Universal Credit is currently issued and administered by the Department for Work and Pensions (DWP). It is offered to eligible claimants once every month, and these people can often receive hundreds to help them with a variety of costs. Universal Credit was first introduced by the government in 2013, in an effort to simplify the benefit system in the UK.
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It replaced six other more familiar payments, known as ‘legacy’ benefits, which are:
- Child Tax Credit
- Housing Benefit
- Income Support
- income-based Jobseeker’s Allowance (JSA)
- income-related Employment Support Allowance (ESA)
- Working Tax Credit
At present the scheme is being slowly rolled out, so there are still some people who will be claiming these older benefits.
However, it is hoped everyone eligible will be receiving Universal Credit by 2024.
It is estimated more than six million people will receive this benefit by the time it is fully implemented.
To qualify to receive Universal Credit several criteria must apply.
These are to do with age, location and financial circumstances.
Firstly, eligible Universal Credit claimants must be over the age of 18, but under State Pension age.
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As State Pension age is currently undergoing changes, it is important for Britons to check their eligibility, and this can be done through the government’s website.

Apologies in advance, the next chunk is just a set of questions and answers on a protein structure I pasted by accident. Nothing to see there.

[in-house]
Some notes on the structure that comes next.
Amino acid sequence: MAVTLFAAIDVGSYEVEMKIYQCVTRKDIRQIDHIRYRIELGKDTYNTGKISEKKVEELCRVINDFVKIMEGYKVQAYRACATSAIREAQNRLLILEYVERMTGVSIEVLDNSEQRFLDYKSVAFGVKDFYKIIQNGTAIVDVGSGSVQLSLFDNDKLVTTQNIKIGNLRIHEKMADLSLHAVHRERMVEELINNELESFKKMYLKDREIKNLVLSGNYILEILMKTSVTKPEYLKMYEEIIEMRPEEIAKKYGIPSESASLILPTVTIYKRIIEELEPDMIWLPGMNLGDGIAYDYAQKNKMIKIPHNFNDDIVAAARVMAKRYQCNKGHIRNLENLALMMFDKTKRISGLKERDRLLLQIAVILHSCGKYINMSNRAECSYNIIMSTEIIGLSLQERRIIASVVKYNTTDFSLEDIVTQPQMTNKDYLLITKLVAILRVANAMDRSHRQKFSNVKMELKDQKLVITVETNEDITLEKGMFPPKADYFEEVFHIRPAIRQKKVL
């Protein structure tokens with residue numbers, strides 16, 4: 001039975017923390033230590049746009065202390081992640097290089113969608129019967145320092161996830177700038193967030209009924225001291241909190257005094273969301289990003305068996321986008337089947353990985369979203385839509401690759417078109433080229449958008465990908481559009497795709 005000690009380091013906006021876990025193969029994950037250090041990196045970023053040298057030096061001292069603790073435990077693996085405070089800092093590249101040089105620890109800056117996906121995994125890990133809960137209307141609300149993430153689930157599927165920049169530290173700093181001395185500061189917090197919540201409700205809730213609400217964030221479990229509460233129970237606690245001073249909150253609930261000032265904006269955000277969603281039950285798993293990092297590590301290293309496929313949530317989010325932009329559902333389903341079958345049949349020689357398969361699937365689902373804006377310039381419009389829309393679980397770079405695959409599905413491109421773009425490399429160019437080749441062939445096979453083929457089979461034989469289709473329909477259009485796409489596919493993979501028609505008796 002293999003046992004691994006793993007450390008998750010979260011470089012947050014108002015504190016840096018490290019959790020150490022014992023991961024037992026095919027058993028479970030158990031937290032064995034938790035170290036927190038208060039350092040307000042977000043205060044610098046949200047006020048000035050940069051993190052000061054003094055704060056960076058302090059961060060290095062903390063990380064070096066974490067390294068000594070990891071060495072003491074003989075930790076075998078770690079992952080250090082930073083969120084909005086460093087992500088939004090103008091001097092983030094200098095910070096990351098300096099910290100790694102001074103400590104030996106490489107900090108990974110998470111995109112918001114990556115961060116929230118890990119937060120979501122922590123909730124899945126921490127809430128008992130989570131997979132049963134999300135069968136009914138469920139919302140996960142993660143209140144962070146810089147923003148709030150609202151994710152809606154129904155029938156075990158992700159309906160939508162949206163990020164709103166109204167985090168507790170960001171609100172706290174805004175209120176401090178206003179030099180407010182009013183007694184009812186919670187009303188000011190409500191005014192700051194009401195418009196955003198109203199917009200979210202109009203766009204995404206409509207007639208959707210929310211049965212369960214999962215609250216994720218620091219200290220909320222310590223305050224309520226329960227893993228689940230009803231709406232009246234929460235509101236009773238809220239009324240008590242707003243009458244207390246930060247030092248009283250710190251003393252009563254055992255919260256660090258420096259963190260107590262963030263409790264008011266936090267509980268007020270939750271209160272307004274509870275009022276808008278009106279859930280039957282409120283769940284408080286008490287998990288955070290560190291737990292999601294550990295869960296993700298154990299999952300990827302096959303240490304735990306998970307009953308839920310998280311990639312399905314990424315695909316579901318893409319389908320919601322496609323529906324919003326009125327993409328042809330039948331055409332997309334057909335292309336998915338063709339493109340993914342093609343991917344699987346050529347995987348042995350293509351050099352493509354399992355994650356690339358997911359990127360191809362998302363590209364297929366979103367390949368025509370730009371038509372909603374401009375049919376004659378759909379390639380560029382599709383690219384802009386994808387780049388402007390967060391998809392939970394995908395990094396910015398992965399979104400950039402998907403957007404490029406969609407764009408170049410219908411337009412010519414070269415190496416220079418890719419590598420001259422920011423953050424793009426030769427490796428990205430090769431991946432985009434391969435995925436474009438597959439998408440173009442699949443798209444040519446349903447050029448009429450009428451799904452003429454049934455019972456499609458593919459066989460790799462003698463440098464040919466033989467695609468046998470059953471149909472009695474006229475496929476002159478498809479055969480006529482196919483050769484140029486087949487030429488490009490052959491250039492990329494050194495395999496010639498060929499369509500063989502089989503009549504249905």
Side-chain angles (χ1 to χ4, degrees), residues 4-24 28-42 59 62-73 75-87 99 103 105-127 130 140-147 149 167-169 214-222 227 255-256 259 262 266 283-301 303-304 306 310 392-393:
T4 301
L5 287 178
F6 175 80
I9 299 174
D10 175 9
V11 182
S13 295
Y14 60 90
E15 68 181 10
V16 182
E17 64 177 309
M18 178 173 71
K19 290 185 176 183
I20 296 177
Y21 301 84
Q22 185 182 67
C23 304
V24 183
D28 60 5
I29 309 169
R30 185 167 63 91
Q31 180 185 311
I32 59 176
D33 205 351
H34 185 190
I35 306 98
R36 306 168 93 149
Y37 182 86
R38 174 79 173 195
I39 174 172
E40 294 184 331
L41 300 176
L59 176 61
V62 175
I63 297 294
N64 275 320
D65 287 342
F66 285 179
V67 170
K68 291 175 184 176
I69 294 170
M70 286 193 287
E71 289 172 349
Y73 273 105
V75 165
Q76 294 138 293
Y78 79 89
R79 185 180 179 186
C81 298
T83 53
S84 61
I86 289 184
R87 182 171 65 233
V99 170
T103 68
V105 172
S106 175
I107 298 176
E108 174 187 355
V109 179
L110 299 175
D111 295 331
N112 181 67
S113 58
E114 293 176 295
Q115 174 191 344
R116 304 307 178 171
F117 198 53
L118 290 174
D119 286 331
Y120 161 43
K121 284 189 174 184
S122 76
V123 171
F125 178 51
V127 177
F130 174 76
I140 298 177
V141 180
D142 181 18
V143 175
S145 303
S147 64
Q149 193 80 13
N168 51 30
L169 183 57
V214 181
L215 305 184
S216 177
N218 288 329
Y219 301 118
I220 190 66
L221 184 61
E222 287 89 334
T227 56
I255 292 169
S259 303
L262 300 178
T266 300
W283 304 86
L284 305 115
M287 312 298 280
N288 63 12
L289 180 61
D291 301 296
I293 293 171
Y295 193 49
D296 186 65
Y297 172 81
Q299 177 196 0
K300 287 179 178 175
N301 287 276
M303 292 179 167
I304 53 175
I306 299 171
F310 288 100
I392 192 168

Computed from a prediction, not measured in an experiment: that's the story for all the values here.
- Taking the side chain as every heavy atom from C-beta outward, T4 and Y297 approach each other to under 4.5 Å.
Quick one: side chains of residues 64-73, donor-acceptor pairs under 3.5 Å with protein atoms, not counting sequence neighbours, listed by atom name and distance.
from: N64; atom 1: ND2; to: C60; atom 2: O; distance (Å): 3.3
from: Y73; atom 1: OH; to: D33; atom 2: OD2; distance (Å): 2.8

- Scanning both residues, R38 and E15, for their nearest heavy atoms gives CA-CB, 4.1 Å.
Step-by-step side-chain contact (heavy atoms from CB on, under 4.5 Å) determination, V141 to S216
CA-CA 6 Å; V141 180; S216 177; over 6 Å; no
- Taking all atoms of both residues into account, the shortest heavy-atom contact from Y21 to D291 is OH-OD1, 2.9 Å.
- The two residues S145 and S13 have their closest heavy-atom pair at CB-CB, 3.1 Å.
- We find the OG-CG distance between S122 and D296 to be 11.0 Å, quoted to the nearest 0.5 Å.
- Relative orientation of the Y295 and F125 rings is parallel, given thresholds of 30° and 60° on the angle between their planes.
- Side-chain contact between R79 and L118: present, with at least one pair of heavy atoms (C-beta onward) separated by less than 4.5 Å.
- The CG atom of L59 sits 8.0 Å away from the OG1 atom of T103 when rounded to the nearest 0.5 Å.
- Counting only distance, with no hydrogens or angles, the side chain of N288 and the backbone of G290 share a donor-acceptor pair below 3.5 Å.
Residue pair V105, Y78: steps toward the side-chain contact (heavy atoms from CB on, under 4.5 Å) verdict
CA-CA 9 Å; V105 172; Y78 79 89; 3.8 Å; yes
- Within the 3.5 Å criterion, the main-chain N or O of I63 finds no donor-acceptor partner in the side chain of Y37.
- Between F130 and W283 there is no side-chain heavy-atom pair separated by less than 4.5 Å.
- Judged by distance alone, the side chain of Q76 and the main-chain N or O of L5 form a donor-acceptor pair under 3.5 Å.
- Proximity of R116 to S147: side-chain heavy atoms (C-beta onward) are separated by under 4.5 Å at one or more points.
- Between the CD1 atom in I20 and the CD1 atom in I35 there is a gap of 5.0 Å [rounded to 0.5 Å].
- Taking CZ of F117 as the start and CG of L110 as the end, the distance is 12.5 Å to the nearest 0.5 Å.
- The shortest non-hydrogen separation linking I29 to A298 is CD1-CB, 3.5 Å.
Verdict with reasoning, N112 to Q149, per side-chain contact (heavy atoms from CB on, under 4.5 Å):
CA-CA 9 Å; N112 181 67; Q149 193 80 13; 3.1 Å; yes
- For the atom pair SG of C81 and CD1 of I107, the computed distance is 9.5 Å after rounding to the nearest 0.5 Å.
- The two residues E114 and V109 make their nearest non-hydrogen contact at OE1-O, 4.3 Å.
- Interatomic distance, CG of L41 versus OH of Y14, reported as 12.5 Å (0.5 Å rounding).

Secondly, a person must live in the UK in order to qualify for the benefit.
And finally, Britons must also have £16,000 or less in savings between them and their partner.
People who are already claiming a benefit should be contacted if Universal Credit does apply to them, and then they will be eased onto the newer system.
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There is also a benefits calculator available on the government’s website for those who are unsure to check if they qualify.
But for those who are entitled to receive Universal Credit, it is important to have an understanding of how much they may receive.
A standard Universal Credit payment also has certain criteria, and these are based on a person’s age and relationship status.
Single people who are under the age of 25 are entitled to receive £342.72 in monthly standard allowance.
However, those who are single and over the age of 25 can get £409.89 per month.
For couples under 25, a monthly standard allowance of £488.59 is provided for them both.
And couples where either partner is over the age of 25 receive £594.04 to split between them.
Universal Credit claimants may also be able to receive additional payments on top of this standard amount.
This is dependent upon the situation, and those with children, people with disabilities, or individuals who need assistance with housing costs are just some of the people who could receive additional entitlement.
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